Myanmar traditional boxing fans harbor the dream of being recognized by the International Olympic Committee as an official event.
But Myanmar boxing is a professional sport. Inclusion in the Olympic means downgrading into amateur status.
Sai Zaw Zaw says there are two reasons why the Myanmar traditional boxing leaders will not bid for OIC recognition.
“The first point is the cost, which will be very expensive,” he notes. “We have to spend a lot of money on it.”
“If we want to include this sport in the SEA Games, we must have Myanmar traditional boxing Federations in all ten member countries,” Sai Zaw Zaw explains.
“This must be organized and sponsored by our country. And at the same time, there is Thai Muay Thai boxing and the rules are not much different with us in this regional bloc. So there is a danger of being accused of being second or fake Muay Thai.”
He also points out the problem of transforming traditional boxing into an amateur sport.
“Our boxers can get only salary, not prize money. How can they survive with this salary? Currently we are providing boxers for the Muay Thai Myanmar selection team,” says Sai Zaw Zaw.
Muay Thai became a SEA Games sport event for the first time in the 23rd SEA Games hosted by Myanmar. It will enjoy the same status in the next Singapore SEA Games.
Famous Myanmar traditional boxer Saw Nga Mann says: “If it is for the country, we will represent our country and fight in this Games. But if we cannot earn prize money for it, it will be difficult for our livelihood.”
“So I’d like to fight to represent our country when needed and will fight as a professional boxer in the meantime. It will be good for us,” says Saw Nga Mann.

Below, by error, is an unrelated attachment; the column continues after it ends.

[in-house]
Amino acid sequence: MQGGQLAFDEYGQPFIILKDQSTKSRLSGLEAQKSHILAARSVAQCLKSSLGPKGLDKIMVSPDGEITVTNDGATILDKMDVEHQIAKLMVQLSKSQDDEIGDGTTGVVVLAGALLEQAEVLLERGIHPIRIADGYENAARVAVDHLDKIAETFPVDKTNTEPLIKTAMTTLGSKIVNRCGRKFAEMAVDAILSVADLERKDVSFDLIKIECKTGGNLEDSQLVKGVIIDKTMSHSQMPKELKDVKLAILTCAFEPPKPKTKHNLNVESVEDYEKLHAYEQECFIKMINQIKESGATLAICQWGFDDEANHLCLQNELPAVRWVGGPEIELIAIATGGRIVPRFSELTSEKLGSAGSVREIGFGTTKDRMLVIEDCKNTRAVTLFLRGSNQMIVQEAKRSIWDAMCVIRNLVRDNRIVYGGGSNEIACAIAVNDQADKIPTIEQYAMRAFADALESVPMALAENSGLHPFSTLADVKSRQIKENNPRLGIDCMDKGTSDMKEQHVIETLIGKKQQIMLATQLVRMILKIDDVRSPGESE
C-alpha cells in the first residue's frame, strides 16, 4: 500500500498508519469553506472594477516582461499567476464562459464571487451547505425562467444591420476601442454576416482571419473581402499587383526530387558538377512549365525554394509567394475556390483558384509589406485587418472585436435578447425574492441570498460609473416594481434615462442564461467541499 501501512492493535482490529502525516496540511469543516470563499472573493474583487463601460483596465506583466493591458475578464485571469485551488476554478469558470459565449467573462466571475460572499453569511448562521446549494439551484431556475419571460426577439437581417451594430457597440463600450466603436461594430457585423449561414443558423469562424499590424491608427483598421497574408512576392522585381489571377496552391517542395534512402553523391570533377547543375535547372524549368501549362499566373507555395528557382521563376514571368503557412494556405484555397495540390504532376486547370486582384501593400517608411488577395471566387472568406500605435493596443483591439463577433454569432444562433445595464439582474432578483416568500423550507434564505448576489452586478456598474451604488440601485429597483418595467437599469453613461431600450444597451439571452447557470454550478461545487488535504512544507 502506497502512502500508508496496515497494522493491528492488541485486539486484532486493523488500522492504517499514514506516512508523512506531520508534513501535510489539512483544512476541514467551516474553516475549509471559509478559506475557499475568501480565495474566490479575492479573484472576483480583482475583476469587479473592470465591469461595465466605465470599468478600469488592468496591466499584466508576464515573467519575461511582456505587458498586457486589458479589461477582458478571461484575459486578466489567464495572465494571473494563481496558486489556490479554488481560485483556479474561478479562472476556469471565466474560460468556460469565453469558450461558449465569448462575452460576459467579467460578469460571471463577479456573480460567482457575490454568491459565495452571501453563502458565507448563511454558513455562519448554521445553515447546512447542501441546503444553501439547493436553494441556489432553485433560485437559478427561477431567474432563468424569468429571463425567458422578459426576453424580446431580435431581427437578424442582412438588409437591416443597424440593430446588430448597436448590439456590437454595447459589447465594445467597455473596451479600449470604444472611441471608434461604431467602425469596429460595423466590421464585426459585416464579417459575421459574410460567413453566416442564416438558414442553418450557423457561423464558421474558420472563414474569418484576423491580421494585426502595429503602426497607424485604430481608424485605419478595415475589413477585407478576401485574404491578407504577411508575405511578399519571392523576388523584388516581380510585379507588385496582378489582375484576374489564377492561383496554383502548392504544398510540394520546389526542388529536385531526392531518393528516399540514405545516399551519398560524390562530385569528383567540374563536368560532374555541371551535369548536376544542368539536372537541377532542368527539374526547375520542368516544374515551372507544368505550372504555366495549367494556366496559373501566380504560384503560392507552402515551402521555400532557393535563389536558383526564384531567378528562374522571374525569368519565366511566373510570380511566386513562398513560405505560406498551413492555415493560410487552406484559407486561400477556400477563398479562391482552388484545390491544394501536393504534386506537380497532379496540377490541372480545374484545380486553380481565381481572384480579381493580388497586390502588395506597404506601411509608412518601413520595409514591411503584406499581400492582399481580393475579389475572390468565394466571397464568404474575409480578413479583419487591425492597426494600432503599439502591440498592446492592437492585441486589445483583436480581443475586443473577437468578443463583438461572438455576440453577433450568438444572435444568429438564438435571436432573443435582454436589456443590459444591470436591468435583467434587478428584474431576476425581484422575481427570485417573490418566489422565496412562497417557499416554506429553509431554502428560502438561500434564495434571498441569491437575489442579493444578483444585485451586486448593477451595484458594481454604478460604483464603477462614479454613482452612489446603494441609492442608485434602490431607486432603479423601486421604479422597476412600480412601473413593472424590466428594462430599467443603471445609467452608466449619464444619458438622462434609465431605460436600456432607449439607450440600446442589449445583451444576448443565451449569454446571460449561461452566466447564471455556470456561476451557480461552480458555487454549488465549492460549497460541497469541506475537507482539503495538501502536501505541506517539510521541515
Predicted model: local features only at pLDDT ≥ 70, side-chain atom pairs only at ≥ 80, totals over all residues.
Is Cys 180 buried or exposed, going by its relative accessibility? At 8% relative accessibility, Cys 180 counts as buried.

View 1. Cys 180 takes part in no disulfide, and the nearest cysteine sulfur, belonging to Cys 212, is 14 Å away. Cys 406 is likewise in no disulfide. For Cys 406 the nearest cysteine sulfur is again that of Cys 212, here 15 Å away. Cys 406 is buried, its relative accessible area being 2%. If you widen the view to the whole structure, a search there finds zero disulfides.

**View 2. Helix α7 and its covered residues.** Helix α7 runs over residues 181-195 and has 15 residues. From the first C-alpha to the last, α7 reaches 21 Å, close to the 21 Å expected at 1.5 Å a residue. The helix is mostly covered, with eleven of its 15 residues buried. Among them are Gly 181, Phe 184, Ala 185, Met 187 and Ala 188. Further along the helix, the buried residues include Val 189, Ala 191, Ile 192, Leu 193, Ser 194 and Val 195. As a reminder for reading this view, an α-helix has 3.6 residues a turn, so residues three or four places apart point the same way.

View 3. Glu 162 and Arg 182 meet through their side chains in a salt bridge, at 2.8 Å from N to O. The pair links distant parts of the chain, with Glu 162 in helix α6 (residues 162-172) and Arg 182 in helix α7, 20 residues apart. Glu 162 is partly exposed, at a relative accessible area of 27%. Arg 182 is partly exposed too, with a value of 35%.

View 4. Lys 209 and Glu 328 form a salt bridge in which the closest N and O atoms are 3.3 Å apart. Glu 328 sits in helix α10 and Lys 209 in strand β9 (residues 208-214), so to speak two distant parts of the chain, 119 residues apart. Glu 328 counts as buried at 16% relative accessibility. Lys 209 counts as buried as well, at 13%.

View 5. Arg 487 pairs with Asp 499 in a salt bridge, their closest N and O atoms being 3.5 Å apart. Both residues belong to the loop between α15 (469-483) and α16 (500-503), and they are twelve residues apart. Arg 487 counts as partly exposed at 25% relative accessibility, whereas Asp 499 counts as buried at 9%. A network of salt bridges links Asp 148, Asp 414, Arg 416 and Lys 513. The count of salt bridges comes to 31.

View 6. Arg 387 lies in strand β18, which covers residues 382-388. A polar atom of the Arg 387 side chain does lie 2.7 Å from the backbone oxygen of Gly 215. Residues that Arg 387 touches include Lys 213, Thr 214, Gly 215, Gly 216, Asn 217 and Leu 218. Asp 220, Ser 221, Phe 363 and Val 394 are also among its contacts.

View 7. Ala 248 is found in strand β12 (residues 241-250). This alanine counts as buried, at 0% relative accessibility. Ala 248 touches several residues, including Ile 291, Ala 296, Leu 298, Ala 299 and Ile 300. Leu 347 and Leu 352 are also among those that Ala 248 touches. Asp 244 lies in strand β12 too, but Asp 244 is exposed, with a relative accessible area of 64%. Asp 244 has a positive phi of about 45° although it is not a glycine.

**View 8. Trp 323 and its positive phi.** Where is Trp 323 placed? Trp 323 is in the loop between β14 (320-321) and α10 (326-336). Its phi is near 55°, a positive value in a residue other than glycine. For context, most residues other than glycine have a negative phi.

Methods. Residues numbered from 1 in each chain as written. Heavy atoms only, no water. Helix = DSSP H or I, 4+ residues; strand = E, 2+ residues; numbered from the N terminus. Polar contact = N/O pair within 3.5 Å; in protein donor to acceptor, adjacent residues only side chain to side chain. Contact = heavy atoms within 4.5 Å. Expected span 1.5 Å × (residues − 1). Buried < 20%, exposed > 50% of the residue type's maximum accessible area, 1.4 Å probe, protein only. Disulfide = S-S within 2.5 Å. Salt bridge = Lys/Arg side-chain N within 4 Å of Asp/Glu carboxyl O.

Official sports event or not, Myanmar’s traditional boxing community wants the sport to become globally famous.
The sports had fans abroad even in the 1990s, when famous Myanmar boxers like Shwe Du Wun, Shwe Wah Tun, and Wan Chai fought in the United States.
These sports “elders” could help Myanmar traditional boxing get accepted abroad. But already, some boxers fight with foreign boxers at home and in other countries.
Ironically, growing interest abroad contrasts with dwindling ticket sales at home.
Decreasing number of spectators at our boxing events are partly due to live telecast by TV stations, explains one fighter.
Traditional boxing purists also think new rules have watered down the sport’s attraction.
“Our people like to see knockouts, athletes getting cut and bruised at these events,” he said. But our sport has been transformed with international standards and rules so that boxing events nowadays are less thrilling and exciting.
Despite the obstacles, the Myanmar traditional boxing federation continues to promote the sport through contracts with TV stations for the telecast of these events.
Myanmar boxers continue to gain fame abroad. Tu Tu and Ye Kyaw Thu visited Slovakia in May this year.
Promoting a sport with an ancient history and sustaining local and international interest doesn’t come for free.
Fans believe the Myanmar Traditional Boxing Federation should provide monetary assistance to the clubs that nurture and produce the next-generation of traditional boxers.
Most clubs operate on the policy of self-reliance. That can exact a high price among athletes.
Supporters say Myanmar’s traditional boxers fight for love and to raise the dignity and image of the country. The least they deserve is support from fans, sports bodies and business enterprises.
Myanmar’s boxers, after all, are no ordinary athletes, claim their fans. They are also keepers of the flame that has enriched the nation’s cultural heritage.
This Article first appeared in the July 2, 2015 edition of Mizzima Weekly.
Mizzima Weekly is available in print in Yangon through Innwa Bookstore and through online subscription at www.mzineplus.com